Thoughtful reviews, the Boulder film scene

Join the discussion on

" I can’t believe Liberace was gay "
— Mike Myers, Austin Powers

MRQE Top Critic

The East

The East emerges as an exciting piece of filmmaking from the independent scene’s hott —Matt Anderson (review...)

Sponsored links

There’s a point during Noah Baumbach’s While We’re Young when one of the characters, a frustrated documentary filmmaker, refers to himself as an old man. Even as a comparative statement, it’s a stretch. Played by Ben Stiller, the “aging” documentarian is in his mid-40s.

For those of us for whom the mid-40s long ago have slipped into (or perhaps out of) memory, Stiller’s statement may prompt involuntary snickers.

Stiller and Watts make plans while they're young
Stiller and Watts make plans while they’re young

But then Baumbach, 45 himself, isn’t necessarily interested in actual aging. Among other things, his movie is about losing touch with the promise of youth. What happens when one realizes that the salad days are over and even the most exotic dressing can’t put the crisp back into life’s lettuce?

It’s a potentially rich subject for a director who has been making films since 1995’s Kicking and Screaming and whose filmography includes The Squid and the Whale, Margot at the Wedding, Greenberg, and Frances Ha, as well as the upcoming Mistress America.

With age 50 in sight, does Baumbach worry about reaching his full potential?

While We’re Young can be seen as a zeitgeist comedy set in New York City, a place where success and failure tend to exist in dramatic counterpoint.

When things aren’t going well, New York is an easy place to feel small and failed. That makes it an ideal spot for a character played by Stiller, a self-conscious sad sack who’s flirting with defeat.

I had a conflicted response to While We’re Young. I didn’t care much about the concerns of its principal characters, a middle-aged couple (Stiller and Naomi Watts) and a couple still in their 20s (Adam Driver and Amanda Seyfried).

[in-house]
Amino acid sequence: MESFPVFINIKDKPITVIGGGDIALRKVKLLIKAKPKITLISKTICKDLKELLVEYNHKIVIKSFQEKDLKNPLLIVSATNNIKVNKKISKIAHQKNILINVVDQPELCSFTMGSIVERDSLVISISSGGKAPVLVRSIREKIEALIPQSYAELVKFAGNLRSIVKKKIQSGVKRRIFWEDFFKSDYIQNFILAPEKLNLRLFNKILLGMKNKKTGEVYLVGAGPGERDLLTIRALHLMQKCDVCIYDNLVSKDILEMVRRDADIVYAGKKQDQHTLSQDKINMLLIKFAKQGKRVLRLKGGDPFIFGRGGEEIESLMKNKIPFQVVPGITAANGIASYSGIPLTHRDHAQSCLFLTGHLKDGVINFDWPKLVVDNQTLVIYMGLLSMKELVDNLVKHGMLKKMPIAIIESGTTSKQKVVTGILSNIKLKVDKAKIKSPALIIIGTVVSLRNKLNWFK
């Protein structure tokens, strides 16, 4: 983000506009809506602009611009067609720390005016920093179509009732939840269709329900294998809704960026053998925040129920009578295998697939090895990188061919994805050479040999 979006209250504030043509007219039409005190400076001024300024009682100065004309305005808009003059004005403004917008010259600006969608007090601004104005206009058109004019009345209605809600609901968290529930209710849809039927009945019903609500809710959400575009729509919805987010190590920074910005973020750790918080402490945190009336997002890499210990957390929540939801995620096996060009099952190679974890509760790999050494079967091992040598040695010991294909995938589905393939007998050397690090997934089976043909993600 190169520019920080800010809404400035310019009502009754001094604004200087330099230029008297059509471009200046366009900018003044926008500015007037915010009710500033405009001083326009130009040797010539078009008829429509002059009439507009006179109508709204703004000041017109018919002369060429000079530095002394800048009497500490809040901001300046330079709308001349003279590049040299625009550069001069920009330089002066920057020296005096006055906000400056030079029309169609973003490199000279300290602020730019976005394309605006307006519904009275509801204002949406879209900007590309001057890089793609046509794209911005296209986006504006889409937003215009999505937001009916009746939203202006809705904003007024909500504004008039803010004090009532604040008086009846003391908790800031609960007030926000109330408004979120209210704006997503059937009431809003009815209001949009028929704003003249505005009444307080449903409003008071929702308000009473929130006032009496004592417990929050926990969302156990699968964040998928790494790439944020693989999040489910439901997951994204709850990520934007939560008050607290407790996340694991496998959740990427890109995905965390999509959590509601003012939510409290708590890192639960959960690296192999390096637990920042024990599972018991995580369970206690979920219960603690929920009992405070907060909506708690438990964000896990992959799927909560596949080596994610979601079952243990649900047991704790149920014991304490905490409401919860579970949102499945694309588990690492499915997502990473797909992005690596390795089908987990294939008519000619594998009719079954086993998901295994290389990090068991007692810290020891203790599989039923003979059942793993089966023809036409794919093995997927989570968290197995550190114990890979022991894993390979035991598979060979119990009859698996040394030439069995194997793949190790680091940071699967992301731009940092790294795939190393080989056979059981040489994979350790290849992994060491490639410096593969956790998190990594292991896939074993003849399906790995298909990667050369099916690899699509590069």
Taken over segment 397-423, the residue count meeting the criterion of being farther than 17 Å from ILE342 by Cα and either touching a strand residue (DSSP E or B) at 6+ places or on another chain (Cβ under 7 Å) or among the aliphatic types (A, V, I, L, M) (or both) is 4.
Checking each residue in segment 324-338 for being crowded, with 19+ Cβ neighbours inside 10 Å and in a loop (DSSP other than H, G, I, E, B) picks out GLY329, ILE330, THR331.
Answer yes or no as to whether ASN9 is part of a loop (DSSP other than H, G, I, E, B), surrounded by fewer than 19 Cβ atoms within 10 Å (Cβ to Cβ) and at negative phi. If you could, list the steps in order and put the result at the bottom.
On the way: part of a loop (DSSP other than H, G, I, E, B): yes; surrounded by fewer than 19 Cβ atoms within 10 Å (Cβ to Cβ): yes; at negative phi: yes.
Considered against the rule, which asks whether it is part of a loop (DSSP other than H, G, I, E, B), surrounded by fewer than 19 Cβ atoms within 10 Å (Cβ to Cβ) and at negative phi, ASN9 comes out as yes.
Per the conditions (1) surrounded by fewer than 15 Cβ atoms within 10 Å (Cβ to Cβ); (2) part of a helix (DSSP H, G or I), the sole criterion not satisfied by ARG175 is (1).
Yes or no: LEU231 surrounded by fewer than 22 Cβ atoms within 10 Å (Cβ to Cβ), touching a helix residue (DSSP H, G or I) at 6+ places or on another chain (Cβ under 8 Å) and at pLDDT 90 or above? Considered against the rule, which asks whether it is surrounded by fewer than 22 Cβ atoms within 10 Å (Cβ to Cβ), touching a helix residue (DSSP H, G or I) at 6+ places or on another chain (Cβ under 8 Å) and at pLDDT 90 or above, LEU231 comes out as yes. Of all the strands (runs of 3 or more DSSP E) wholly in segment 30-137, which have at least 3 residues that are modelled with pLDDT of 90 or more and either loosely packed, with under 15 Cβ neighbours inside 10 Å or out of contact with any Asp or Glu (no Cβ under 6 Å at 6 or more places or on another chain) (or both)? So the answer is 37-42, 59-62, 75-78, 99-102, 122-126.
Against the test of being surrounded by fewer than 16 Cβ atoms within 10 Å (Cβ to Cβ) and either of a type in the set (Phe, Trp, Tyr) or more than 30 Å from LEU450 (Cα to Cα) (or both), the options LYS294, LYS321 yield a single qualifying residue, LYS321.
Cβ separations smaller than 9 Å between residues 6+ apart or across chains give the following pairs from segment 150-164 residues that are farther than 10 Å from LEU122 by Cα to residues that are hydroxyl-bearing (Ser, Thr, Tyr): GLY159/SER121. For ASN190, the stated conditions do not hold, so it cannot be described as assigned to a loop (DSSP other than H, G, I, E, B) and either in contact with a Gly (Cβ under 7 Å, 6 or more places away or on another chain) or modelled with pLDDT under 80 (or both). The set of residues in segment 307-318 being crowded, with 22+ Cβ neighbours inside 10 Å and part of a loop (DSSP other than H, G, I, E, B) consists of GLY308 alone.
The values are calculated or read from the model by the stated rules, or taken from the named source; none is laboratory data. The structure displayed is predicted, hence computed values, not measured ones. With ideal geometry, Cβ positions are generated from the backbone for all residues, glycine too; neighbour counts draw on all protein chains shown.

At the same time, I found some of Baumbach’s observations about these characters to be amusing and, on occasion, pointed.

Baumbach spends a good deal of time playing with generational styles and tastes, sometimes flip-flopping them between his middle-aged and the still youthful characters. The older characters, for example, are Google obsessed; the younger ones don’t Google because they take pride in not knowing things. Why bother?

Stiller’s Josh hasn’t come close to fulfilling his potential. He’s been working on his second documentary for 10 years, and can’t get beyond a six-hour, sleep-inducing rough cut.

Watts’ Cornelia frets about being childless. She works as a producer for her father (Charles Grodin), an acclaimed documentarian who’s at a stage where he’s receiving lifetime achievement awards. He’s the worst possible father-in-law for Josh, a constant reminder of what Josh hasn’t accomplished.

Driver’s Jamie and Seyfried’s Darby latch onto Josh at a film class he’s teaching. Gradually, the tables turn, and Josh and Cornelia begin clinging to this younger, free-spirited duo.

Jamie’s so unconcerned about being hip, he’s actually hip. And unlike Josh, he’s far too young to fear making fatal mistakes.

For her part, Darby dabbles with entrepreneurial craft projects: She makes ice cream.

Watching Josh and Cornelia try to turn back the clock can be amusing — in a painful sort of way. They attempt to keep pace with the younger couple, most ludicrously at an Ayahuasca get-together where everyone ingests a psychedelic brew before barfing out inner demons.

Baumbach sticks fairly close to the surface as he allows these characters to reveal their inner preposterousness, Cornelia’s laugh-out-loud foray into hip-hop dancing, for example.

It’s not entirely surprising to learn that Jamie may not be living in the moment as much as he pretends to be, a development that dominates the movie’s third act.

The story pretty much derails when it gets caught up in ethical issues involving a documentary Jamie is making (yes, he’s a filmmaker, too).

While We’re Young proves entertaining enough, but its many small observations don’t add up to anything bigger.

By the end, I found myself wondering whether the plights of these self-absorbed characters could have been reduced to one perceptively amusing New Yorker cartoon. Put another way, I had a few good chuckles, and quickly turned the page.